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  • Garrett Brodey

Frankenstein: My Second Favorite Horror Film Of All Time



Frankenstein is my second favorite horror film of all time. It’s a horror film from 1931 made by Universal studios. It’s one of the first of the Universal Monster Films and it’s the one of the most popular films in that series. It was released the same year as the iconic Dracula starring Bela Lugosi. I think Frankenstein is a masterpiece. It’s a film I cherish and I’ll explain why.


One of my earliest memories as a child was watching Frankenstein at my grandparent’s house when I was 5 years old. We lived on the same property and my brother, who was seven, was invited to go over to their house to watch Dracula (1931). I remember begging my parents to let me go with him and they surprisingly said yes. Probably just to shut me up. So I remember we walked down the driveway on a spooky Friday night in October. We got to their house and my brother turned to me and said “This is going to be scary. You’ve been warned.” I was up for the challenge. I don’t know why I wanted to watch it so badly. Maybe it was the fact that I wanted to watch a horror film or it was because my brother was doing something without me. Either way, we went inside and my grandparents were happy to see us. They had a VHS copy of Frankenstein (1931). My parents thought they said Dracula but they misheard them. My grandpa popped in the VHS and we watched the classic monster flick. I remember my experience, it was nothing I’ve ever seen before. It felt like a surreal nightmare but I was having a blast. The film blew my mind. I left terrified of course but enthralled. Frankenstein became one of my favorite horror films of all time. After that, my love for horror films was born.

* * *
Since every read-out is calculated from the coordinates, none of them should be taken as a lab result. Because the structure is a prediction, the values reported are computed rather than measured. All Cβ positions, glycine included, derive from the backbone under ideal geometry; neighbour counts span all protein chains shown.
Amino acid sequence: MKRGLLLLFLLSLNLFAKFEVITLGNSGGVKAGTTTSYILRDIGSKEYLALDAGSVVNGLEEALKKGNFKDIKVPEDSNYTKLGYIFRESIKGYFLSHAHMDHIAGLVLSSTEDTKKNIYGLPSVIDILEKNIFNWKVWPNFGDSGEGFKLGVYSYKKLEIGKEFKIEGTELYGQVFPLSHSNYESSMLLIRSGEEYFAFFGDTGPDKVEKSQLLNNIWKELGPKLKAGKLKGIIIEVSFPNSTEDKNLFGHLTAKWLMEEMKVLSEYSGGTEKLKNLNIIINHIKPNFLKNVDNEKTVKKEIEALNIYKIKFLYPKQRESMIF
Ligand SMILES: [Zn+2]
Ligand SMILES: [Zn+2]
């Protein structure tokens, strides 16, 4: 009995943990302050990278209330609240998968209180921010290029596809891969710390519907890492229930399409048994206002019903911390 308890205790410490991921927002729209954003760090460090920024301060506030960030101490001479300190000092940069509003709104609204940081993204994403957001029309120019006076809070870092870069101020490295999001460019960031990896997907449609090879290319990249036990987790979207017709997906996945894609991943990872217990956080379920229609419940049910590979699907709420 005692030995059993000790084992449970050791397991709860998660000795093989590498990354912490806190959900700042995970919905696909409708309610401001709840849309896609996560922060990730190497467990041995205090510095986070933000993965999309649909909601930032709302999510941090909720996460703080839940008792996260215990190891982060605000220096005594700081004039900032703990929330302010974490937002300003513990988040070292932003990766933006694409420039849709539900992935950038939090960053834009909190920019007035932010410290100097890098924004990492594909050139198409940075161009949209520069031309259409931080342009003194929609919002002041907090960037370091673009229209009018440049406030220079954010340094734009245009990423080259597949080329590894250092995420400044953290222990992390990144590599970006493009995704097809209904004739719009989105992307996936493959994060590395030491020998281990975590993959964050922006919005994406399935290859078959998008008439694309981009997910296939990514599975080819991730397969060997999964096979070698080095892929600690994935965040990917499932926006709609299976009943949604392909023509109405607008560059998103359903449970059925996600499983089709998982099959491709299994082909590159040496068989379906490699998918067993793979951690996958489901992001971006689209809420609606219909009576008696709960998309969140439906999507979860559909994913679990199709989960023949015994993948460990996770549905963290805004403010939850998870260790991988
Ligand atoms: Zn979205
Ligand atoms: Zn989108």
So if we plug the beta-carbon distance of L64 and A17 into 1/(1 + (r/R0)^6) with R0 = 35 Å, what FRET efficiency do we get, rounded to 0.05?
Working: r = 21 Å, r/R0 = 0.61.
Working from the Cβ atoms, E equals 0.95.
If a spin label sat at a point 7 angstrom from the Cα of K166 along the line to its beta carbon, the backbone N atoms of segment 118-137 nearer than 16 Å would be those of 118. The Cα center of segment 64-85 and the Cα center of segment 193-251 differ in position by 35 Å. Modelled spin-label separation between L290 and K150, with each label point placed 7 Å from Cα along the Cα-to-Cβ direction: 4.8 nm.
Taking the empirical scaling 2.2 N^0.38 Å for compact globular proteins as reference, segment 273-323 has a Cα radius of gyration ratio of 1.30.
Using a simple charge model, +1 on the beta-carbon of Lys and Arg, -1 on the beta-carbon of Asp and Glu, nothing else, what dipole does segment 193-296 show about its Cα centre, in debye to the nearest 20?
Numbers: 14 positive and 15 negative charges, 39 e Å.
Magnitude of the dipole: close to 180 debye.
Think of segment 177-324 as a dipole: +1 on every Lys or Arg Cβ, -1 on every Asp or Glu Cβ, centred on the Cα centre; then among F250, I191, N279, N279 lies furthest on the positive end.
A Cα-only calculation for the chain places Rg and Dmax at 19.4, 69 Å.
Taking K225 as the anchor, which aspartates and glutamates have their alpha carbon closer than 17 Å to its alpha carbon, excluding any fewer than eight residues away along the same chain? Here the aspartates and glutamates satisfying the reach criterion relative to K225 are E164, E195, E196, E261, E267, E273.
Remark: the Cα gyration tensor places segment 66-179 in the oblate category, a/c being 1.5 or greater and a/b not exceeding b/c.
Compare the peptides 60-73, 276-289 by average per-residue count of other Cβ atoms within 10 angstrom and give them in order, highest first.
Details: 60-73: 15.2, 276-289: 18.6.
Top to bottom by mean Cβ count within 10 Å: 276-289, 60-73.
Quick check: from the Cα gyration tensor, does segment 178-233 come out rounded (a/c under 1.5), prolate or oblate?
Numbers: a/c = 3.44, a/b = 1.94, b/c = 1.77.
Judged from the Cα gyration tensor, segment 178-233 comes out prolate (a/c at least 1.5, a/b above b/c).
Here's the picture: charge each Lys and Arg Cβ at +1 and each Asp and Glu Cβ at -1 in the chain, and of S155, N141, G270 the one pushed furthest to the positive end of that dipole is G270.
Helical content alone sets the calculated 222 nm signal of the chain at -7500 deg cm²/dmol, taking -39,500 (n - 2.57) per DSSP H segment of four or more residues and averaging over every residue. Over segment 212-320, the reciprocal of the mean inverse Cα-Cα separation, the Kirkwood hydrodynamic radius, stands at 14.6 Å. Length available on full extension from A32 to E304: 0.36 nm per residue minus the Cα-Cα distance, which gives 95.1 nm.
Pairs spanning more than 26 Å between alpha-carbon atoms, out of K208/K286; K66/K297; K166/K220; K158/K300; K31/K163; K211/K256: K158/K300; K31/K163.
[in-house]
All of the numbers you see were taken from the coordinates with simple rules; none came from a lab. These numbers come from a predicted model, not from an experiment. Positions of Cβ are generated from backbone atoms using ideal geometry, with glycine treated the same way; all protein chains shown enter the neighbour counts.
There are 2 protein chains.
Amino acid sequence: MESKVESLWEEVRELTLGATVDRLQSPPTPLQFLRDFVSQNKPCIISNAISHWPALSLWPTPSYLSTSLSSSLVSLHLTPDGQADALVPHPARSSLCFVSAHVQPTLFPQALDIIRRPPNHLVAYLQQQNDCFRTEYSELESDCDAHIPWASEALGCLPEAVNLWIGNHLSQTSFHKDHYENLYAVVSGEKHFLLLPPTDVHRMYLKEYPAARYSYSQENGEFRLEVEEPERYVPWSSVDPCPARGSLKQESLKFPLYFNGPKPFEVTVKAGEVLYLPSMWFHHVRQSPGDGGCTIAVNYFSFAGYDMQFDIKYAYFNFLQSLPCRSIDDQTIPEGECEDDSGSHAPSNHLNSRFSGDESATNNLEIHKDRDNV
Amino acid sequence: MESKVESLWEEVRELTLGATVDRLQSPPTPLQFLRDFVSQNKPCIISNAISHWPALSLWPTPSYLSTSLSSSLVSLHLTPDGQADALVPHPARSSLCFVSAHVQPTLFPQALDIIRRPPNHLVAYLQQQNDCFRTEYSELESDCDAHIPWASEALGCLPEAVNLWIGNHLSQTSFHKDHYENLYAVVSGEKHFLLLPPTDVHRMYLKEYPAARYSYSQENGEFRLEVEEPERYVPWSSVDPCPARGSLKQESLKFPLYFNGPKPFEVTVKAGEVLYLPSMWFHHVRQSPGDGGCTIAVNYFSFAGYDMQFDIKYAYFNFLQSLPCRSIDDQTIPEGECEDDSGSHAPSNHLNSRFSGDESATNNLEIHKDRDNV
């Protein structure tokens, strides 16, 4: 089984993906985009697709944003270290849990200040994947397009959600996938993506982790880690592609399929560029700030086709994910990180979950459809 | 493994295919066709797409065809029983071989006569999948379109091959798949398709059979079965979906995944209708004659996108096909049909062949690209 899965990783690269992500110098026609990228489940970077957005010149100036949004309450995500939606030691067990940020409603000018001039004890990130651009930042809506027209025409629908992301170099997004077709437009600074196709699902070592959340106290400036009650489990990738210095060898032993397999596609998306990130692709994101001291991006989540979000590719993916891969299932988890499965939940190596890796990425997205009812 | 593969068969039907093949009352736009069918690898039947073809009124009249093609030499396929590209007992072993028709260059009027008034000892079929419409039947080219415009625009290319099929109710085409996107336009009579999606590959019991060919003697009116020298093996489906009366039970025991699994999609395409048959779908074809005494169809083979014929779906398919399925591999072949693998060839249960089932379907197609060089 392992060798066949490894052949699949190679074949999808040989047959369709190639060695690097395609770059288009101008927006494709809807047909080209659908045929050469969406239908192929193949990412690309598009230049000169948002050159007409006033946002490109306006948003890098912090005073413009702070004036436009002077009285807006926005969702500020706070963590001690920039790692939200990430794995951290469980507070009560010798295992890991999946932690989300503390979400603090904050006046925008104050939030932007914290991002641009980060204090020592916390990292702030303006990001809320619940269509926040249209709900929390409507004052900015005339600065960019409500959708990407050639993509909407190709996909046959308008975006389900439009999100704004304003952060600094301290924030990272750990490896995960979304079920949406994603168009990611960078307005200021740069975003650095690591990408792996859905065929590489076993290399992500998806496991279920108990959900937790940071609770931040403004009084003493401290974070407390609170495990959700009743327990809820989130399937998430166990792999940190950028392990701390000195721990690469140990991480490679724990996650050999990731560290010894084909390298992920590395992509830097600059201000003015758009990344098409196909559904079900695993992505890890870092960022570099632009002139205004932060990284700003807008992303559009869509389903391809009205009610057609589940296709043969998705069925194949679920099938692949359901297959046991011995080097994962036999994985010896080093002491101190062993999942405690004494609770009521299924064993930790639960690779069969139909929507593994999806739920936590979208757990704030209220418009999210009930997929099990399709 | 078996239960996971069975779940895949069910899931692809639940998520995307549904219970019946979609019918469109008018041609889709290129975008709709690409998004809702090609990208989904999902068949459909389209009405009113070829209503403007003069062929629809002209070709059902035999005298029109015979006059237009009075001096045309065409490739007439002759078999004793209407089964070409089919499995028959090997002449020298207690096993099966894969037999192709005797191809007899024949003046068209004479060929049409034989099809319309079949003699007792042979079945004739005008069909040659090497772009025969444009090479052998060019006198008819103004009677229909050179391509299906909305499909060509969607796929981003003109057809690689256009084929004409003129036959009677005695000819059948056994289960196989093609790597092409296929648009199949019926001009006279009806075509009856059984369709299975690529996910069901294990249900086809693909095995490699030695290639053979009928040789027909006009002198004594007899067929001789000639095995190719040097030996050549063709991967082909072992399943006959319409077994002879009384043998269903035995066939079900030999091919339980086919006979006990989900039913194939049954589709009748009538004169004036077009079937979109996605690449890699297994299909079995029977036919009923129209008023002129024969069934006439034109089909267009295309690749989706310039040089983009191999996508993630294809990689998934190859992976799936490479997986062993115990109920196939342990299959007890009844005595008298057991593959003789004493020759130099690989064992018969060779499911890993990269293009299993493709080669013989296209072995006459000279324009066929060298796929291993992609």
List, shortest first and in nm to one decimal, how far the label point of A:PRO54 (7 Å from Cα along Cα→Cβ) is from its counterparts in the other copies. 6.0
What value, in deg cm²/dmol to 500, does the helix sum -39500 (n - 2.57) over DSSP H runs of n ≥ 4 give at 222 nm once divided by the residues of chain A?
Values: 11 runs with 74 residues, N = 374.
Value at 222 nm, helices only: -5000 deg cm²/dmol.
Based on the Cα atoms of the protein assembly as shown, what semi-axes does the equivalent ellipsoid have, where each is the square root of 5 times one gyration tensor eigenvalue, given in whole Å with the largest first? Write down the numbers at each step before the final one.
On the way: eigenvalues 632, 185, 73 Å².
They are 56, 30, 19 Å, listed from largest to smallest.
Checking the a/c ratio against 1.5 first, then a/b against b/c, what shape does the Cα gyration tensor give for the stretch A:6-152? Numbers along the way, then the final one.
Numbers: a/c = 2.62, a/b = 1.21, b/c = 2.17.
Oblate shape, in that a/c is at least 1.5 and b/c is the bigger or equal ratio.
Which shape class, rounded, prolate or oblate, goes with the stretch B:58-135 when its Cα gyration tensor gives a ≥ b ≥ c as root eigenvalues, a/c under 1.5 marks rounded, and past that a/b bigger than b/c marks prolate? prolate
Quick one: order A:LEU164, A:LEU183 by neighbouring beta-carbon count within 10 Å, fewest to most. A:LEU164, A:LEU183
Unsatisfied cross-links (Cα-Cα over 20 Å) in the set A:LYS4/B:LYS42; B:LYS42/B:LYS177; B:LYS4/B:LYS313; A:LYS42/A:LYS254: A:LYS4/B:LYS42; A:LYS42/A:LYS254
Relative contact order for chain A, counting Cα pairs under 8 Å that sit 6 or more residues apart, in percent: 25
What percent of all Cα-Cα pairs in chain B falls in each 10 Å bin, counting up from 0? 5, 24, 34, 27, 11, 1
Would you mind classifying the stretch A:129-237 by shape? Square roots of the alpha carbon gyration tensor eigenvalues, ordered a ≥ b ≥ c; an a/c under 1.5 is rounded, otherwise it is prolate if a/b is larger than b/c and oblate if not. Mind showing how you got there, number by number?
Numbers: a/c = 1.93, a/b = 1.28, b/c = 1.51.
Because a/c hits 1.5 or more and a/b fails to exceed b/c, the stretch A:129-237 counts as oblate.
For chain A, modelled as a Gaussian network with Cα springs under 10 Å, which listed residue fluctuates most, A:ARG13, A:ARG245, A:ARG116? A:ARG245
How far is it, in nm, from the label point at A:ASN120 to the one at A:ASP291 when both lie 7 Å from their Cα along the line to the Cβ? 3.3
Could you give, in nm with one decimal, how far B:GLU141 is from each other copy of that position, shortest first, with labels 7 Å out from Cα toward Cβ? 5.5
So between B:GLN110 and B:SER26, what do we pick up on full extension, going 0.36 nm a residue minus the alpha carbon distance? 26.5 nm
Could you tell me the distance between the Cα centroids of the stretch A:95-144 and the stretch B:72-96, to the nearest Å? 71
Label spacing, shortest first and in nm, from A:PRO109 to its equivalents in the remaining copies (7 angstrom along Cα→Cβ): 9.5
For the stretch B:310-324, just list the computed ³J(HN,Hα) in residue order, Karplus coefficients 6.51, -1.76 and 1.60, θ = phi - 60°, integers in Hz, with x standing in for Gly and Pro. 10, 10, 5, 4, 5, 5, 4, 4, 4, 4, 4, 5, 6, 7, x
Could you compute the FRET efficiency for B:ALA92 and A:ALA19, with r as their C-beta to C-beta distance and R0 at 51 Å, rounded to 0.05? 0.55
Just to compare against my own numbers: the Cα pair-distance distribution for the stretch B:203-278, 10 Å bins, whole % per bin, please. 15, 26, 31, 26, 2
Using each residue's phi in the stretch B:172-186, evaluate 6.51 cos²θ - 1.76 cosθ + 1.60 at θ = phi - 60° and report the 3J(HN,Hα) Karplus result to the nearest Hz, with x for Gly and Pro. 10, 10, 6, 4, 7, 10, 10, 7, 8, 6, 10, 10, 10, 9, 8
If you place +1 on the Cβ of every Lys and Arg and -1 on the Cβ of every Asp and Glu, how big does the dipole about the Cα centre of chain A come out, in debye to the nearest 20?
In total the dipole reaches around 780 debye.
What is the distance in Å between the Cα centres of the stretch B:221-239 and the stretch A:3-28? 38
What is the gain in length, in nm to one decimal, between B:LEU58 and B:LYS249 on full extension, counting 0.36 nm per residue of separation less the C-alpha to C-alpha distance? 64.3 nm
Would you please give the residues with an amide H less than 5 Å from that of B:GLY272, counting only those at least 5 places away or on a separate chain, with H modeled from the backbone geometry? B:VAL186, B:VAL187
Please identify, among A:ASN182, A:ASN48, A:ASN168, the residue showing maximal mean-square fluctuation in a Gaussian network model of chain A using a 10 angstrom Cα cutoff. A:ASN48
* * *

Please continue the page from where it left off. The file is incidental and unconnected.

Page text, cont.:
Spoilers for Frankenstein (1931). I apologize for using the word “iconic” over and over but I can’t think of a better word to describe this film.


I haven’t read the book but after doing some research it’s clear that the film took creative liberties. In my opinion, I think the simplistic nature of the story fits the film well. It’s not just a monster movie, it’s a tragic tale of a mad scientist obsessed with creating life, only to find himself destroying not only his life, but the one he created.


This film has the perfect gothic atmosphere. That can’t be done these days because cameras now are more sophisticated, which make modern films look new and flashy. Back then, the cameras could only do so much, but because of that, the black and white look added so much depth to the old gothic atmosphere. The cemeteries and laboratories look so fucking real and old, it’s awesome. This is the perfect film to watch when I’m in that mood.



The cinematography is fucking gorgeous. The sets are impressive. Dr. Frankenstein’s laboratory is one of the best I’ve seen. The tall, old brick, creepy lab on top of that hill is an amazing shot. I love the different machines in the lab. The noises they make is something to be studied. All of it adds to the experience of this sci-fi horror classic.



The 1st act of this film is one of my favorites of all time. The film starts off with an eerie cemetery where Dr. Henry Frankenstein and Fritz dig up a body. After we get some exposition of what Henry is doing and we finally see the famous experiment come to life. Hearing Colin Clive shout “It’s alive! It’s alive!” is pure cinema. I’ll never forget witnessing that scene for the first time.